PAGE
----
Kohl’s stock is trading dangerously close to its annual lows

The holidays have been anything but jolly for struggling retail stock Kohl’s Corporation (NYSE:KSS). The shares have already lost over 21% in December, with a breakout last month contained at their 140-day moving average. KSS is once again nearing its Sept. 30 annual low of $24.61, last seen down 2.1% at $25.01. However, amid all this downside, a historically bullish signal is flashing that could give the stock a short-term boost. 

According to Schaeffer’s Quantitative Analyst Rocky White, these lows come amid historically low implied volatility. This has been a historically bullish combination for KSS in the past. White’s data shows three other signals in the last five years when the security was trading within 2% of its 52-week low, while its Schaeffer’s Volatility Index (SVI) stood in the 20th percentile of its annual range or lower. This is currently the case with Kohl’s stock’s SVI of 53%, which stands in the 19th percentile of its 12-month range.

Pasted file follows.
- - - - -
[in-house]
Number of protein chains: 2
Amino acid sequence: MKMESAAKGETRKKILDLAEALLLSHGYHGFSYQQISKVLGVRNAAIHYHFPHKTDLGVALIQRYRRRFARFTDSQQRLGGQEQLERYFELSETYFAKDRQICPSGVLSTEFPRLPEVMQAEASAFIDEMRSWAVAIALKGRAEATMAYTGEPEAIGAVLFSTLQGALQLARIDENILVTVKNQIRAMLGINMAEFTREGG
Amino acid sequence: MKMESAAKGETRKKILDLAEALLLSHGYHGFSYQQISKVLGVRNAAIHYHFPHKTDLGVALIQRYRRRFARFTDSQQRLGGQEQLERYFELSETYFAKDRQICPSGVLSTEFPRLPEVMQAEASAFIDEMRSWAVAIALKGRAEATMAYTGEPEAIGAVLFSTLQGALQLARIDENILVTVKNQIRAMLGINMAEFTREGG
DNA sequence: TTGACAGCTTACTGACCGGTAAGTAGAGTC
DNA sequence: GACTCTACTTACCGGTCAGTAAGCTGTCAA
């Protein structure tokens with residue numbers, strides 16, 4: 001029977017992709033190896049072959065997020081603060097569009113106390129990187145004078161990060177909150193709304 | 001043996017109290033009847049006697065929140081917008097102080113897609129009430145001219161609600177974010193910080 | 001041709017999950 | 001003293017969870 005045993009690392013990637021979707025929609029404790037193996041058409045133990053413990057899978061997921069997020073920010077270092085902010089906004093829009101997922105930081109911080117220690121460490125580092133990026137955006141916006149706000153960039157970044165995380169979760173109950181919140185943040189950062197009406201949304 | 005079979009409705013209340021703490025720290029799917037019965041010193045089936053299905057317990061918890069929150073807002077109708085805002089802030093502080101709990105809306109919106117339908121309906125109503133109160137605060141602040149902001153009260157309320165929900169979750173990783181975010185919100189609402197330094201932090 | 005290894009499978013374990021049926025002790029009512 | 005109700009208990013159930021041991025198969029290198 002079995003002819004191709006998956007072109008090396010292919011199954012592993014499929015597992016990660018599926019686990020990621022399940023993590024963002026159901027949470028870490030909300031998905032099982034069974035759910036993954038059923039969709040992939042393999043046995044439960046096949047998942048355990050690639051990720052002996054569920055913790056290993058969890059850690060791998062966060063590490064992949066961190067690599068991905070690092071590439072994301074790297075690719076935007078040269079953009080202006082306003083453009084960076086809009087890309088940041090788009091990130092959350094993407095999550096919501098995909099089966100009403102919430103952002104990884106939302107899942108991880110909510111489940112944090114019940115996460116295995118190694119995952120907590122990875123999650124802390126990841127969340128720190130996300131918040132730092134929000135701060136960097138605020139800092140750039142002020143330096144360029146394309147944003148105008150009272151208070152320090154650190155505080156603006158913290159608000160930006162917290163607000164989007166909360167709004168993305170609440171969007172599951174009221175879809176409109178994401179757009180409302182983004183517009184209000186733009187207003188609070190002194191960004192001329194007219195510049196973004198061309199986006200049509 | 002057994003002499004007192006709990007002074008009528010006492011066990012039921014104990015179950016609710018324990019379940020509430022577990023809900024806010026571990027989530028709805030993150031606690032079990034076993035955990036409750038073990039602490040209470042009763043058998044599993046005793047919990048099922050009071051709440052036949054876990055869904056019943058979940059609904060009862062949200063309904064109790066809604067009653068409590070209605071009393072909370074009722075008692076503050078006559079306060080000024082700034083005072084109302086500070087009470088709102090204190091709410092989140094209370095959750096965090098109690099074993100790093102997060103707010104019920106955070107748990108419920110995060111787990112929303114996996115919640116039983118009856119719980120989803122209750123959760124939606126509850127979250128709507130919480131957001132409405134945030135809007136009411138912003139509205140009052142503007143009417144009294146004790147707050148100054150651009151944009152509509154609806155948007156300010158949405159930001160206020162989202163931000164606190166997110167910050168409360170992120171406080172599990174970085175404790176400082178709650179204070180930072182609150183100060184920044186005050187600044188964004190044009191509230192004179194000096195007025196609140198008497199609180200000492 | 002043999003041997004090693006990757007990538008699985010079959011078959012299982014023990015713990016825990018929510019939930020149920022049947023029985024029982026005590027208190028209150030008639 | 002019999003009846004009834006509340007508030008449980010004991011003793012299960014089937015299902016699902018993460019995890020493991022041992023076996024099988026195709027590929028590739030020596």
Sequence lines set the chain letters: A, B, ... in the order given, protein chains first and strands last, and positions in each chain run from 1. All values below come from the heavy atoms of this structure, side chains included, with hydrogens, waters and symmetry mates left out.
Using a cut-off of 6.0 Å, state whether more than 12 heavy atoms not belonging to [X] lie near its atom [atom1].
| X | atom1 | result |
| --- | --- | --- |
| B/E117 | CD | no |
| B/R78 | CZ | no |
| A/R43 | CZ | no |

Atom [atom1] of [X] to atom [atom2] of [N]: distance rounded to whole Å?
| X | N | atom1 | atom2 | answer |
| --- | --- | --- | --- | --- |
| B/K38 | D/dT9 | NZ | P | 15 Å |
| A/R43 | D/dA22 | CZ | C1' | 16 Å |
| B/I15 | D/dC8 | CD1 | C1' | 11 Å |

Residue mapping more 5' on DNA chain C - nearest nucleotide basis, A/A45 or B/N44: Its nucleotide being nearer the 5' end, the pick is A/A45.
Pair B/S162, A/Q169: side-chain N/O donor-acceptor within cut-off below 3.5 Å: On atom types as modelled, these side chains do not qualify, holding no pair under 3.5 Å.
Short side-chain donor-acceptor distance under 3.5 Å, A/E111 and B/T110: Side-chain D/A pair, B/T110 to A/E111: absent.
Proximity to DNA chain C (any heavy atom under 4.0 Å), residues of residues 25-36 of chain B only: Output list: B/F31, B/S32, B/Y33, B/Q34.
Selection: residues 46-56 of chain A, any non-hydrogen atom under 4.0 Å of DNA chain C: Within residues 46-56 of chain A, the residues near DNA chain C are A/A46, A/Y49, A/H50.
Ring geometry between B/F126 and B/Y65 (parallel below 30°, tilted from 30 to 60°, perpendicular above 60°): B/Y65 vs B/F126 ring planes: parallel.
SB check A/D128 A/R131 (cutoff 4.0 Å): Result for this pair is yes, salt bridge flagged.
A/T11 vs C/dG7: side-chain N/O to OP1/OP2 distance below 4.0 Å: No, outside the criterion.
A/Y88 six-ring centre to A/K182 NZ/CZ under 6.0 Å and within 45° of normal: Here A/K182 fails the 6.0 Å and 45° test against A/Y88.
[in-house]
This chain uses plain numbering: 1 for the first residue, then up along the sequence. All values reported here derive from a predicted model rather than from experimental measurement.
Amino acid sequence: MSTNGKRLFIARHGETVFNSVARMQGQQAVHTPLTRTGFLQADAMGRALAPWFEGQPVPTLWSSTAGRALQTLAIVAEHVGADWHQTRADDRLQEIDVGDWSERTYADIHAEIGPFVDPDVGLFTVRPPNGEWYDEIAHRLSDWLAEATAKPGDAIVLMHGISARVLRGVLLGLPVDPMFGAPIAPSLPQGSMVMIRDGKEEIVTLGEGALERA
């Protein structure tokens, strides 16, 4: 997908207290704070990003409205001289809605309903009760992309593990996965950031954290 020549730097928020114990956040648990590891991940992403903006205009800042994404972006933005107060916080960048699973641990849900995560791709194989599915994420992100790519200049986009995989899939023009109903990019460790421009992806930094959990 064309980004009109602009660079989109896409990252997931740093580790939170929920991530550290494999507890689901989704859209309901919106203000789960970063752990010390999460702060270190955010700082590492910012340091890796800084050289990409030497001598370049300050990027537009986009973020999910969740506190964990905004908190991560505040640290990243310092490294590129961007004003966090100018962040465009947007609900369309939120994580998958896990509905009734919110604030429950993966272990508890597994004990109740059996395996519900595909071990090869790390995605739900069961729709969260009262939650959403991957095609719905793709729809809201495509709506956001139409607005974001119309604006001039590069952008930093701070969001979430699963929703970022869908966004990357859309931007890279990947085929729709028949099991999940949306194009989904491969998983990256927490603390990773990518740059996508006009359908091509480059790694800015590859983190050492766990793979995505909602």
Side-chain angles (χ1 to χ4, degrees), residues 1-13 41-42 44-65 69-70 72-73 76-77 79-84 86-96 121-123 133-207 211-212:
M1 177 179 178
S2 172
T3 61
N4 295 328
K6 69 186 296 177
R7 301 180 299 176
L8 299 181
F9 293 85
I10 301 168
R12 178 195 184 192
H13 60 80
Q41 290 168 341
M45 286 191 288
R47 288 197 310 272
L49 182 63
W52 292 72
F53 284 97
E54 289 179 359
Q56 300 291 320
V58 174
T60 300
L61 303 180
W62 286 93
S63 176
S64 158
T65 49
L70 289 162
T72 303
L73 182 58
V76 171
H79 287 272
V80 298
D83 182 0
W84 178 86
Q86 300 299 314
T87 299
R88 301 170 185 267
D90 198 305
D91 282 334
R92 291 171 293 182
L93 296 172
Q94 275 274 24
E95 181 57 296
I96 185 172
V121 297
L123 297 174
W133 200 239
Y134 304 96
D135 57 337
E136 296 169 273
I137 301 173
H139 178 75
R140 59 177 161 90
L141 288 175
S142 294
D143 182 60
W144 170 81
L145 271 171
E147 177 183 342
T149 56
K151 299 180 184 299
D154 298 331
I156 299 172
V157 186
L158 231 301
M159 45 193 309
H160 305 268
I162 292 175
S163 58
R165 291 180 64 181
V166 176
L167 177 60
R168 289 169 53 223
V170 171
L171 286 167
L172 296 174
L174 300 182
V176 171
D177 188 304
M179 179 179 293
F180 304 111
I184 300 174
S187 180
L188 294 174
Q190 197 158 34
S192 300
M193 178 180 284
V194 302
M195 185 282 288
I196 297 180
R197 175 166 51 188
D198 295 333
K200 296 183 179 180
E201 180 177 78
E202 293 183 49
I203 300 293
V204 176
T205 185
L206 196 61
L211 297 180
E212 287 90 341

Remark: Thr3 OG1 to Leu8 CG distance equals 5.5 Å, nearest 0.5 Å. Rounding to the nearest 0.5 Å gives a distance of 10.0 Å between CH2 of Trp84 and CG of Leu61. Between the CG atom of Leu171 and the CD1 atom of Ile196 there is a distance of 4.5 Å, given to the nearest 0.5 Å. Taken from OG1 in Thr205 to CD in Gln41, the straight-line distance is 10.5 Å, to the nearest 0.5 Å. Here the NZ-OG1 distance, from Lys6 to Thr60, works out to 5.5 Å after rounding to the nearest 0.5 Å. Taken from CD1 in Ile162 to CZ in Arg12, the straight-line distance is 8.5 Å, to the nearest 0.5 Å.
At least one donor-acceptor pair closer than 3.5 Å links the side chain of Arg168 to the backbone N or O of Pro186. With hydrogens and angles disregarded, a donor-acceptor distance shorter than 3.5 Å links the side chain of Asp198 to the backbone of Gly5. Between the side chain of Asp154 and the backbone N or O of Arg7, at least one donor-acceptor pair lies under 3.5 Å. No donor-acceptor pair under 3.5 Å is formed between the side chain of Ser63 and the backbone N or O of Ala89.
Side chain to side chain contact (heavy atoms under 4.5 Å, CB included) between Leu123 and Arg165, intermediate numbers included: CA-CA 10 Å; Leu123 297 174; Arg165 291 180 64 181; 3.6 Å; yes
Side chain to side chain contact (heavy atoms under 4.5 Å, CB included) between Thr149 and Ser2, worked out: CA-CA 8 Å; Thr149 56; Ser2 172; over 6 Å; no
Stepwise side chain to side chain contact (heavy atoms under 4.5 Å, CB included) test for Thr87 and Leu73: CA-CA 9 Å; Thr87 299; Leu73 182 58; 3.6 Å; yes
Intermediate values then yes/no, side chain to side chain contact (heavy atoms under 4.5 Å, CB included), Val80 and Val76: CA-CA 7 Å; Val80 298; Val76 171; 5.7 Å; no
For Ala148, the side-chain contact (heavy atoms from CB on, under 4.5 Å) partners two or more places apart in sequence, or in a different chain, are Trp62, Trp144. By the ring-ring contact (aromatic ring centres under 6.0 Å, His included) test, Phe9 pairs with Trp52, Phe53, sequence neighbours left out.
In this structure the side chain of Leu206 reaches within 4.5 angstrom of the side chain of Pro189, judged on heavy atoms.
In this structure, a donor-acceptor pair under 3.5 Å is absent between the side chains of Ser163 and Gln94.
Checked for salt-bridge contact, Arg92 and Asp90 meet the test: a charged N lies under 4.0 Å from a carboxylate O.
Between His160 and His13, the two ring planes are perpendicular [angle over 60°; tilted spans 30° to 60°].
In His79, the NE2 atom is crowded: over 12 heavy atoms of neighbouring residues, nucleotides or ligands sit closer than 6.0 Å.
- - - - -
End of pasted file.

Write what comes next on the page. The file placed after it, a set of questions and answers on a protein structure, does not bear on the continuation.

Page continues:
One month after these signals, KSS was higher 67% of the time, and averaged a 1.7% return. While this isn’t much of a rally, it could be the difference between Kohl’s hitting a fresh annual low and turning higher in the new year. 

Options players have been incredibly bearish on Kohl’s stock. At the International Securities Exchange (ISE), Chicago Board Options Exchange (CBOE), and NASDAQ OMX PHLX (PHLX), the equity sports a 50-day put/call volume ratio of 1.42, which sits higher than all but 2% of annual readings. In other words, puts have rarely been more popular. 

What’s more, KSS’ Schaeffer’s Volatility Scorecard (SVS) comes in at 9 out of 100. In other words, the retailer has consistently realized lower volatility than its options have priced in, making the stock a potential premium-selling candidate.

Image and article originally from www.schaeffersresearch.com. Read the original article here.

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